China’s latest balancing act in the war in Ukraine

From the day Russia invaded Ukraine, the geopolitics of the war have mattered almost as much as events on the battlefield. And for all the focus on the U.S. and its NATO allies and their robust support for the Ukrainian resistance, China’s role has loomed large. And it’s not always clear where exactly President Xi Jinping and the Chinese Communist Party stand when it comes to the war.

Recent developments have heightened the attention on Beijing. On Sunday, the Biden administration issued the latest of several public warnings against China providing military aid to Russia — in the wake of reports that such aid was in the offing. National Security Adviser Jake Sullivan said weapons sent to Moscow would be used to harm civilians in Ukraine, and that China would face “real costs” if it went ahead with arms shipments to Russia. “China should want no part of that,” Sullivan said on ABCs “This Week.”

On Friday, the anniversary of the Russian invasion, China issued a 12-point position paper on the war (or the “Ukraine crisis,” as China prefers to call it) that laid out conditions for a negotiated solution. The document was seen as heavily biased toward Russia; it suggested a ceasefire that would freeze Russian gains in place and offered no condemnation of the invasion itself. The document got at best lukewarm reactions in Western capitals, and outright dismissals in others. Ukrainian President Volodymyr Zelenskyy responded by saying he would be happy to meet with his Chinese counterpart Xi Jinping — adding, “China historically respects our territorial integrity, and it should therefore do everything for Russia to leave the territory of Ukraine.”

Over the weekend, Beijing announced it would host Belarus’ President Aleksandr Lukashenko, a close Kremlin ally, for a state visit. That drew a suggestion via Twitter from a top aide to Zelenskyy that China choose its allies more carefully. “You don’t bet on an aggressor who broke international law and will lose the war,” Mykhailo Podolyak wrote. “This is shortsighted.”

For its part, China said Monday that the U.S. was “hypocritical” to warn Beijing about sending weapons to Russia. “While the United States has intensified its efforts to send weapons to one of the conflicting parties, resulting in endless wars and no end in sight for peace, it has frequently spread false information about China’s supply of weapons to Russia,” said Mao Ning, the spokeswoman for China’s foreign ministry.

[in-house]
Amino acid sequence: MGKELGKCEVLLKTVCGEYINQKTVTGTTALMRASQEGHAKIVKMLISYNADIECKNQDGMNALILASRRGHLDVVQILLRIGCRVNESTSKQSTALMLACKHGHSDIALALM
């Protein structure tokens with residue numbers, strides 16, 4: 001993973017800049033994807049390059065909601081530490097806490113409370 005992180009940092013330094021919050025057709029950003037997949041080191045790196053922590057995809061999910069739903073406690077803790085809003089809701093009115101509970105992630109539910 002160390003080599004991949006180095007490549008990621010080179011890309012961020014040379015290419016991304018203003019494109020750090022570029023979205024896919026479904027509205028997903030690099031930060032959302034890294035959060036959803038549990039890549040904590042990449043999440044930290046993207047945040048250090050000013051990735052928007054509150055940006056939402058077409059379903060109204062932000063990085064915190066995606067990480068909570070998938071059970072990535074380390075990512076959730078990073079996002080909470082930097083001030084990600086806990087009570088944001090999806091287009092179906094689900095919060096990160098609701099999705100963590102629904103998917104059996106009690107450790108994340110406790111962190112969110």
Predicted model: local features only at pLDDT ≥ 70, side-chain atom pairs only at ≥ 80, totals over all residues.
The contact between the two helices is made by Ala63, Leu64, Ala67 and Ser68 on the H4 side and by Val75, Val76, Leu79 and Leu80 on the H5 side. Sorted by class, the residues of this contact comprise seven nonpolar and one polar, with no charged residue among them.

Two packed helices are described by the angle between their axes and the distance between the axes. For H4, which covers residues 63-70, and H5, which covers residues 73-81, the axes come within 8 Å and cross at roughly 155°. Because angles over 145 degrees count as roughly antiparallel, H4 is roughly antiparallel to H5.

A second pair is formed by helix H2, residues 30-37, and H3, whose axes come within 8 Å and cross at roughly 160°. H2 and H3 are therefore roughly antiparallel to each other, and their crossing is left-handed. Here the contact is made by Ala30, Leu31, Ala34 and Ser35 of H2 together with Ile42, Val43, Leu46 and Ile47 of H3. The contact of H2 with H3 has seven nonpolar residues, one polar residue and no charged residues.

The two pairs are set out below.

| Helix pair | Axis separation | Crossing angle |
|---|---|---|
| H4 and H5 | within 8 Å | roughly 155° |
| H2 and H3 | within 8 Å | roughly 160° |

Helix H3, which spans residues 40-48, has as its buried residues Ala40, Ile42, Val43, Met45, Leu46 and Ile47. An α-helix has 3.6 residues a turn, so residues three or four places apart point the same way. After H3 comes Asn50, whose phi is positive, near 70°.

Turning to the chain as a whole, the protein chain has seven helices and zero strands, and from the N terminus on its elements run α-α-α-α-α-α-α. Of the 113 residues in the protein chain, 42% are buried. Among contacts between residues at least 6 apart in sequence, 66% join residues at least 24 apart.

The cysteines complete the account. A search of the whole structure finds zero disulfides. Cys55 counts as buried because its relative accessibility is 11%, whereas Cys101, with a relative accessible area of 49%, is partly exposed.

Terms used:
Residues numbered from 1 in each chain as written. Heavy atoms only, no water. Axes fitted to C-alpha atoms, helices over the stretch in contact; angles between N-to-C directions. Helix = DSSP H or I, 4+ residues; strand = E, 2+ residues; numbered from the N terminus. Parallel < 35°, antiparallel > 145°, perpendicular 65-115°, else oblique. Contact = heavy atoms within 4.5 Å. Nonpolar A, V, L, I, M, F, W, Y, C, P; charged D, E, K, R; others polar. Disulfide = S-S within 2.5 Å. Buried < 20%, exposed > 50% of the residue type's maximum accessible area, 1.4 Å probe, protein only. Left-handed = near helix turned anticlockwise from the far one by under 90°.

Taken together, the recent developments highlight China’s complex and often opaque approach to the war. Just three weeks before the Russian invasion of Ukraine, Russian President Vladimir Putin and China’s leader Xi Jinping met and declared a “no limits” friendship and were sharply critical of NATO and the U.S. Ever since the war began, China has sought to balance the partnership with Russia against a concern that it not rupture completely its relationship with the West.

To date, the balance has tilted toward Moscow; China has refused to criticize Putin, kept up a busy wartime commerce with Russia, amplified Russian falsehoods about Ukraine and placed blame for the war at the feet of the NATO alliance. Now China is in effect nominating itself as a neutral broker in a possible resolution to the conflict.

As the war enters its second year, Grid spoke with two experts on Sino-Russian relations — Cheng Chen, a Professor of Political Science at University at Albany, State University of New York, and Marcin Kaczmarski, a lecturer in security studies at the University of Glasgow. They weighed in on the latest signals from China and what they might portend.

This interview has been edited for length and clarity.

Grid: Has China’s position on the war shifted in any significant way over the last year?

Cheng Chen: From the beginning, China has emphasized that its position remains neutral and will not take sides. This rhetoric has not changed. At the same time, China has significantly toned down its enthusiasm when talking about relationship with Russia. Although China refused to condemn Russian aggression, it made it clear that it had no prior knowledge of Putin’s plan of invasion and paid lip service to the importance of sovereignty.

This “neutral” stance, however, does not prevent China from playing a major and indispensable role in propping up Russia’s embattled economy, which contributes directly to Russia’s war efforts. It also does not prevent China from carrying out joint military exercises and joint military patrols, or holding high-level meetings and even summits with Russia, which thwarts the West’s efforts to make Russia an international pariah. In this sense, China has provided Russia with a vital lifeline in this time of crisis.

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Marcin Kaczmarski: Firstly, I think China’s position on the war has evolved with the war, because my understanding was that China, just as Russia and many countries around the world, expected that it would be a very quick war, with a decisive victory for Russia.

Once it turned out that Ukraine was successfully resisting, and the West had united quite unexpectedly behind Ukraine, the Chinese feeling about the war started changing. On the one hand, China is trapped in this attempt to position itself as a neutral party — and this is what I would say Beijing attempts to do vis-à-vis the external world. But on the other hand, Beijing struggles to avoid any association with the West against Russia.